JOHNSON COUNTY, Ind. — Technology that's been used to kill germs for 100 years, is getting a lot of renewed interest right now by restaurants, gyms, doctor's offices and jails.
Ultraviolet light is known to kill viruses. It was first widely used to wipe out tuberculosis outbreaks in the early 1900's.
But does it work against COVID-19?
The sheriff in Johnson County already battled a COVID-19 outbreak in the jail this spring. Nearly half the inmates tested positive.
Now, Sheriff Duane Burgess is considering a piece of technology to fight the virus moving forward: a potential COVID killer.
Next month, in a meeting through the Indiana Sheriff's Association, several counties will get a firsthand look at UV-C disinfection machines.
They use ultraviolet light to kill microorganisms and viruses on surfaces.
"I want to see this stuff," Burgess said. "But right now, the market is so packed, everybody in the United States, they're wanting these machines."
Demand has certainly skyrocketed.
Mark Timmons, President of US Water Systems in Indianapolis, sells UV-C, air and water filtration systems.
Since COVID-19 hit, he's getting orders for ultraviolet light devices nationwide.
"I would say our business is up 4, 5, 600 percent," Timmons said. "Restaurants of course, doctor's office, hospitals, airports, prisons. Any place where there's human to human transmission, ultraviolet light can help tremendously. When any microorganism is exposed or virus is exposed to the ultraviolet light, it actually scrambles its DNA and it's dead. It's effectively killed."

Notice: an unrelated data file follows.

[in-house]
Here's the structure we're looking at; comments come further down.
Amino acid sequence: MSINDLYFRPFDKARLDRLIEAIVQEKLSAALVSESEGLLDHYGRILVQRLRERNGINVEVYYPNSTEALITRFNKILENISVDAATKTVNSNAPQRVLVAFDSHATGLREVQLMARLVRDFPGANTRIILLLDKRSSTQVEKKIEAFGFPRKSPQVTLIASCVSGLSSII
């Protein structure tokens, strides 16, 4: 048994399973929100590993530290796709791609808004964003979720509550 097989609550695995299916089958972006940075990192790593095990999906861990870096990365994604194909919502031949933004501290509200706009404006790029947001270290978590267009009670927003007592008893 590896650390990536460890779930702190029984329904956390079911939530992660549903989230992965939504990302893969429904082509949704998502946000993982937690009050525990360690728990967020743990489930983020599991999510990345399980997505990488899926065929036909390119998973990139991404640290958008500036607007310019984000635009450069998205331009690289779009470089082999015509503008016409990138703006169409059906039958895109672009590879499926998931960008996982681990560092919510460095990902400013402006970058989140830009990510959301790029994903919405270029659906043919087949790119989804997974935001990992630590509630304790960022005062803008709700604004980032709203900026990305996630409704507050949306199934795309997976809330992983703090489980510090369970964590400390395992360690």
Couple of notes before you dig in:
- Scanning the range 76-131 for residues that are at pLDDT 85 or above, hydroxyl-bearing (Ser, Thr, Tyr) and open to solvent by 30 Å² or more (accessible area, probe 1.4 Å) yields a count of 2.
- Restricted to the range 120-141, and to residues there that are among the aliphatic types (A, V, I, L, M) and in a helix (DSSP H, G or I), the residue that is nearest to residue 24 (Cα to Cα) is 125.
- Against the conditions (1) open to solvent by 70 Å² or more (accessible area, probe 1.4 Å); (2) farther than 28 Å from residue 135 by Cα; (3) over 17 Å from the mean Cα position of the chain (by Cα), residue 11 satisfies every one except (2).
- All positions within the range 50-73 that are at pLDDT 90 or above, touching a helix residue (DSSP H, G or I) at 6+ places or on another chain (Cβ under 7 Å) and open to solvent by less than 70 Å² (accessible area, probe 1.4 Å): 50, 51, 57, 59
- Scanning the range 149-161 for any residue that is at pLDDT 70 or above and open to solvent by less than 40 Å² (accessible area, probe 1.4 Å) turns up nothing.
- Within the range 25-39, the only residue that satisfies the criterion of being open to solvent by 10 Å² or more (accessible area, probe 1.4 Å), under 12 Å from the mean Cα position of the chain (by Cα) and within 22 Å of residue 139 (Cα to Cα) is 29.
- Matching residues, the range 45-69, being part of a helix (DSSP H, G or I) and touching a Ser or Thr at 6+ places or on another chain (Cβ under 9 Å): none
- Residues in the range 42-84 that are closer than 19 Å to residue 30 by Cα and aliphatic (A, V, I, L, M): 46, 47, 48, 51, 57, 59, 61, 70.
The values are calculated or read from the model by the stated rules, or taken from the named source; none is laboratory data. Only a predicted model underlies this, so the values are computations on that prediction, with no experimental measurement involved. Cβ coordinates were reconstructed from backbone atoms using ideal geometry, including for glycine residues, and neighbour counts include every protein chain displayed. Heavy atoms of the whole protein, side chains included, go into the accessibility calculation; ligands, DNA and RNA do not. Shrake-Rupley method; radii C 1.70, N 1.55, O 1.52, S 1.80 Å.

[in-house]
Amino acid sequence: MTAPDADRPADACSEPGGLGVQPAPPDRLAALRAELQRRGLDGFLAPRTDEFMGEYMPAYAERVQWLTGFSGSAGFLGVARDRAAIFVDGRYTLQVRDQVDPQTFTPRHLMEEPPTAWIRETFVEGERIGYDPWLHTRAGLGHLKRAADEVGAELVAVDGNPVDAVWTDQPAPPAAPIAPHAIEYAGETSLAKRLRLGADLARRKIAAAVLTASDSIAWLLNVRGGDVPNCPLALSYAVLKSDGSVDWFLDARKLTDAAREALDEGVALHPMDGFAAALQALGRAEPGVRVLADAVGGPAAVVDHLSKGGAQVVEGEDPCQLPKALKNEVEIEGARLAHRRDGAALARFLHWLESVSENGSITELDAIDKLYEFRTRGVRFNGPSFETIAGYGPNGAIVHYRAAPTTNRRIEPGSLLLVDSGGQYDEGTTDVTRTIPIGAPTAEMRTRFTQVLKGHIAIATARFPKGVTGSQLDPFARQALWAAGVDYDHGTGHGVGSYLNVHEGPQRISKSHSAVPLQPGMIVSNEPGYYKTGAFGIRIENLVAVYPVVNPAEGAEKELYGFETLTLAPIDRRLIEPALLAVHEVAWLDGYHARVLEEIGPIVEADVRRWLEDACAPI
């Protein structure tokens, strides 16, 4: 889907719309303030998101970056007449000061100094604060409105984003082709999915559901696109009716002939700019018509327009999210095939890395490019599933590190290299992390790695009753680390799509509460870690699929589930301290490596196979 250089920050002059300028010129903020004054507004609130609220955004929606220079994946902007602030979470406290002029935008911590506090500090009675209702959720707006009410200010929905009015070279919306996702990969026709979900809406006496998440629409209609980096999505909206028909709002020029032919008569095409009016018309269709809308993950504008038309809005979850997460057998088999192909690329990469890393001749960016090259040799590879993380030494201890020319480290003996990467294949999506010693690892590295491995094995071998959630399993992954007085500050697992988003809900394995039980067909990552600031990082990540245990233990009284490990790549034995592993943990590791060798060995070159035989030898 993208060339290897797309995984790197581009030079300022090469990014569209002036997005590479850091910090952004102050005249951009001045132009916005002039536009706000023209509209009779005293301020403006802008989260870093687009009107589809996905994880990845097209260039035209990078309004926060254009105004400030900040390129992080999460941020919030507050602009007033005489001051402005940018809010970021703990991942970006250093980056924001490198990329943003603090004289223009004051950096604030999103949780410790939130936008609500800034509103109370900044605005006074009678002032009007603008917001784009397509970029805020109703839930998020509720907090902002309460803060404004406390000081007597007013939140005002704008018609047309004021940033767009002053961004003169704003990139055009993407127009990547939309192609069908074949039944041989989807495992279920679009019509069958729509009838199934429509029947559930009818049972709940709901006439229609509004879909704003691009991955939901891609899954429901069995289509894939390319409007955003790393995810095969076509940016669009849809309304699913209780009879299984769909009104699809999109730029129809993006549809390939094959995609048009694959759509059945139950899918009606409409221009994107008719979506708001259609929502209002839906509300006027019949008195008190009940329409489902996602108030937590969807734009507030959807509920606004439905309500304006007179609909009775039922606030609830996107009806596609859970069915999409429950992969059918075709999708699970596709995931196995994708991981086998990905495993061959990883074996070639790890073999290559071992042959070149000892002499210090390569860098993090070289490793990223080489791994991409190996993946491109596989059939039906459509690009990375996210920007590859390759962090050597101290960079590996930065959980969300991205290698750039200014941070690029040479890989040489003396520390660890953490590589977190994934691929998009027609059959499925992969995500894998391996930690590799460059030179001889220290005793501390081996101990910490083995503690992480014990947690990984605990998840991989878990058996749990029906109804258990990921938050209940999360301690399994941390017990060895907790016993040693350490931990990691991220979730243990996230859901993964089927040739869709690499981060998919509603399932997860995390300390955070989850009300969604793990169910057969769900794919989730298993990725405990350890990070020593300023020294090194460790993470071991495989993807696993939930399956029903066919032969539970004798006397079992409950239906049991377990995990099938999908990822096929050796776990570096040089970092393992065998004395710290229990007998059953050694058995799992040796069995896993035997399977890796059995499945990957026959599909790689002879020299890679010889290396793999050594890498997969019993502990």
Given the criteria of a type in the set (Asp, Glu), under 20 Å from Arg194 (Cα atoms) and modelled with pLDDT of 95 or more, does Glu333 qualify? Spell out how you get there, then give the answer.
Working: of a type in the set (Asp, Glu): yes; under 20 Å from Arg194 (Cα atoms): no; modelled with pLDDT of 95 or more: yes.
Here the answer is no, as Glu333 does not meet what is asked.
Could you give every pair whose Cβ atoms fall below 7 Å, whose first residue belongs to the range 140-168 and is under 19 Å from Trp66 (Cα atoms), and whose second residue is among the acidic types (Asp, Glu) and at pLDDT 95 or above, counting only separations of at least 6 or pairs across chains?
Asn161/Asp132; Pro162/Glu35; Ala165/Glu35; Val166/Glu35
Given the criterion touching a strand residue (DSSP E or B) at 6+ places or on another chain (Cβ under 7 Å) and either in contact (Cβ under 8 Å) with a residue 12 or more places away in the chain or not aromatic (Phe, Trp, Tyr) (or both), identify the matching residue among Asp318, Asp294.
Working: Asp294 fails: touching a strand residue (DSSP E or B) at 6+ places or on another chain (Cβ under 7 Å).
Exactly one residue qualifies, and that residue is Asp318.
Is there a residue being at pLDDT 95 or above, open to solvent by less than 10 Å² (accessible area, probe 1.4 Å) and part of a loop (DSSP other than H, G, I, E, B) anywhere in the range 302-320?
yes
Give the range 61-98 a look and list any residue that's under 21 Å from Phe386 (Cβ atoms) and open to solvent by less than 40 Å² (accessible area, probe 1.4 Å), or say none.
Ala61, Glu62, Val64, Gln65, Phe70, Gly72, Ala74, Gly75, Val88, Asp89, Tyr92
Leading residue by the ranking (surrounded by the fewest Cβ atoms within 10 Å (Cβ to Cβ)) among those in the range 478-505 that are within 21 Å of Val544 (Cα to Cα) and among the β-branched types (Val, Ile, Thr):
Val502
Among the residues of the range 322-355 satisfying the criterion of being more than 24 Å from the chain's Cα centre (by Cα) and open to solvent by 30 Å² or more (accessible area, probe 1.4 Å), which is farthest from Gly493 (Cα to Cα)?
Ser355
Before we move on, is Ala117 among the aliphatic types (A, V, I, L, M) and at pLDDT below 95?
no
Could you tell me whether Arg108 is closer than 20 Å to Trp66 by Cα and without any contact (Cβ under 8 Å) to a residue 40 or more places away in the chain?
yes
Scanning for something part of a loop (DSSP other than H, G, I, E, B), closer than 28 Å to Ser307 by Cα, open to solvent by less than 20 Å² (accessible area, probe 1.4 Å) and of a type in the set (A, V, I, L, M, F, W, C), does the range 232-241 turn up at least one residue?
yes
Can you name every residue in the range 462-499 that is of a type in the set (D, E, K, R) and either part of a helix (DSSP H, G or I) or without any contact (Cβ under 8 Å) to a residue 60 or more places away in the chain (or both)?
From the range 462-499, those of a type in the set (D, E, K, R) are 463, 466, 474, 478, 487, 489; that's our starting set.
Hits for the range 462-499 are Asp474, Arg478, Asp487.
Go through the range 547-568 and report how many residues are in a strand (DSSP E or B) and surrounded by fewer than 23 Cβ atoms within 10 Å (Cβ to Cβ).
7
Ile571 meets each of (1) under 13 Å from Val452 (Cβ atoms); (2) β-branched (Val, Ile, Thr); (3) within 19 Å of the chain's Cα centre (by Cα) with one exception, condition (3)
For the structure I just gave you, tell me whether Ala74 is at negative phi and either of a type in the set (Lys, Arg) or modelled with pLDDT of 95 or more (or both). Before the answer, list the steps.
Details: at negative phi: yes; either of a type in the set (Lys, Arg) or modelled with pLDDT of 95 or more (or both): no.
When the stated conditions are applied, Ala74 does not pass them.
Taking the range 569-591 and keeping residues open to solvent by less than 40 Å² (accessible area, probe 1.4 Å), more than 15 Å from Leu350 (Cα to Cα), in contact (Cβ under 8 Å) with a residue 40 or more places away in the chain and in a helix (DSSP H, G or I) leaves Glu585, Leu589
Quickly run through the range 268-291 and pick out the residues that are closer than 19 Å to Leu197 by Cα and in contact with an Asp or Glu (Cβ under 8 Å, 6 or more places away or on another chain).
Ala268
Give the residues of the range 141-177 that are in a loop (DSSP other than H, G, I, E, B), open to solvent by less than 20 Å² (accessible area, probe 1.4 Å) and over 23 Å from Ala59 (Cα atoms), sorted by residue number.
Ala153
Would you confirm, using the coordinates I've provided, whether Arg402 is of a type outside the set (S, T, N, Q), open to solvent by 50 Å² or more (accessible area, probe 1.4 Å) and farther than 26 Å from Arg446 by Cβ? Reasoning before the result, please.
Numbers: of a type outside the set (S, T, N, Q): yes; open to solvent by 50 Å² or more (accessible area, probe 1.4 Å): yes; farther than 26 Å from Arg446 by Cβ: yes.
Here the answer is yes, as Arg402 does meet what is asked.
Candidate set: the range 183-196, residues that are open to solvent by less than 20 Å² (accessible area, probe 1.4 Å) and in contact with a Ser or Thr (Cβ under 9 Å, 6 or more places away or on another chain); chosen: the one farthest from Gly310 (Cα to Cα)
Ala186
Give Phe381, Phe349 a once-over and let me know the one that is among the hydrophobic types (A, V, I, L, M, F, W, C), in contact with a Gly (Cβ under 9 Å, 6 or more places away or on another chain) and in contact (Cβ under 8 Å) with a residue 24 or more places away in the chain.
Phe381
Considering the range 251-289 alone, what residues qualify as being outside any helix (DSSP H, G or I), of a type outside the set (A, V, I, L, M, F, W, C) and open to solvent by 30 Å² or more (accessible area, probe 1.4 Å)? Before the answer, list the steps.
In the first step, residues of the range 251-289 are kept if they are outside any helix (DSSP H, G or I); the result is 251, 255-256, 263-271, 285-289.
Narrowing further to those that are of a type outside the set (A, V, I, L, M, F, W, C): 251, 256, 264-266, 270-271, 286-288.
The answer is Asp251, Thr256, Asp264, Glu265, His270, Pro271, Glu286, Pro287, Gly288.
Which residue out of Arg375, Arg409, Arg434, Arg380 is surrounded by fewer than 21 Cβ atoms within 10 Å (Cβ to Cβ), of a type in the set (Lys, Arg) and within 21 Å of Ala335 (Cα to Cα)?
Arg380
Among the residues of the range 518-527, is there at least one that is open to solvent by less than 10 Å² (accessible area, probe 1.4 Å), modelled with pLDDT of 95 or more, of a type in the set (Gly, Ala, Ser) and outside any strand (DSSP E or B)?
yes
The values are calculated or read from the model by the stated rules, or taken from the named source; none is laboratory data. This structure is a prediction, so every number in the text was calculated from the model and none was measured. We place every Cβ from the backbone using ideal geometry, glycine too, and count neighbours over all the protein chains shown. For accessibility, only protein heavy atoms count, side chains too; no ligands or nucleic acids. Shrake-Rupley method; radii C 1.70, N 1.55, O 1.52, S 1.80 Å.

The jail in Jackson County got a UV-C machine for a trial run before the pandemic. Since then, they bought one for $40,000 dollars from a company called Skytron.
The jail commander, Chris Everhart, swears by it and said they've had no coronavirus cases. Employees are taking less sick days, and inmates' health in general, has improved.
Light to kill viruses
But what does science say? Can ultraviolet light really kill COVID-19?
Dr. Tillman Kubis, an engineering professor at Purdue University who's conducted research related to UV-C, says yes.
"It will kill COVID-19 for sure," Kubis said. "I mean, this is knowledge, it's been proven often enough. There's absolutely no reason it wouldn't work, as long as the exposure time or the dose for the DNA is high enough."
He says in order for the virus DNA to be destroyed, you have to get every nook and cranny, every shadow in the room.
For a small room, that takes about 14 minutes. Larger spaces can take a couple of hours.
"As long as you expose it long enough, there's nothing left," Kubis said.
"I want to see the results," Burgess said. "It's going to take a little bit of work to get there, to show that it really is working."
Burgess is excited about the potential, but the model he's considering, just like Jackson County, costs $40,000.
So for the price, he still wants lots of proof from several jails before purchase.
If they end up buying a UV-C device, most of it would be paid for with CARES Act money.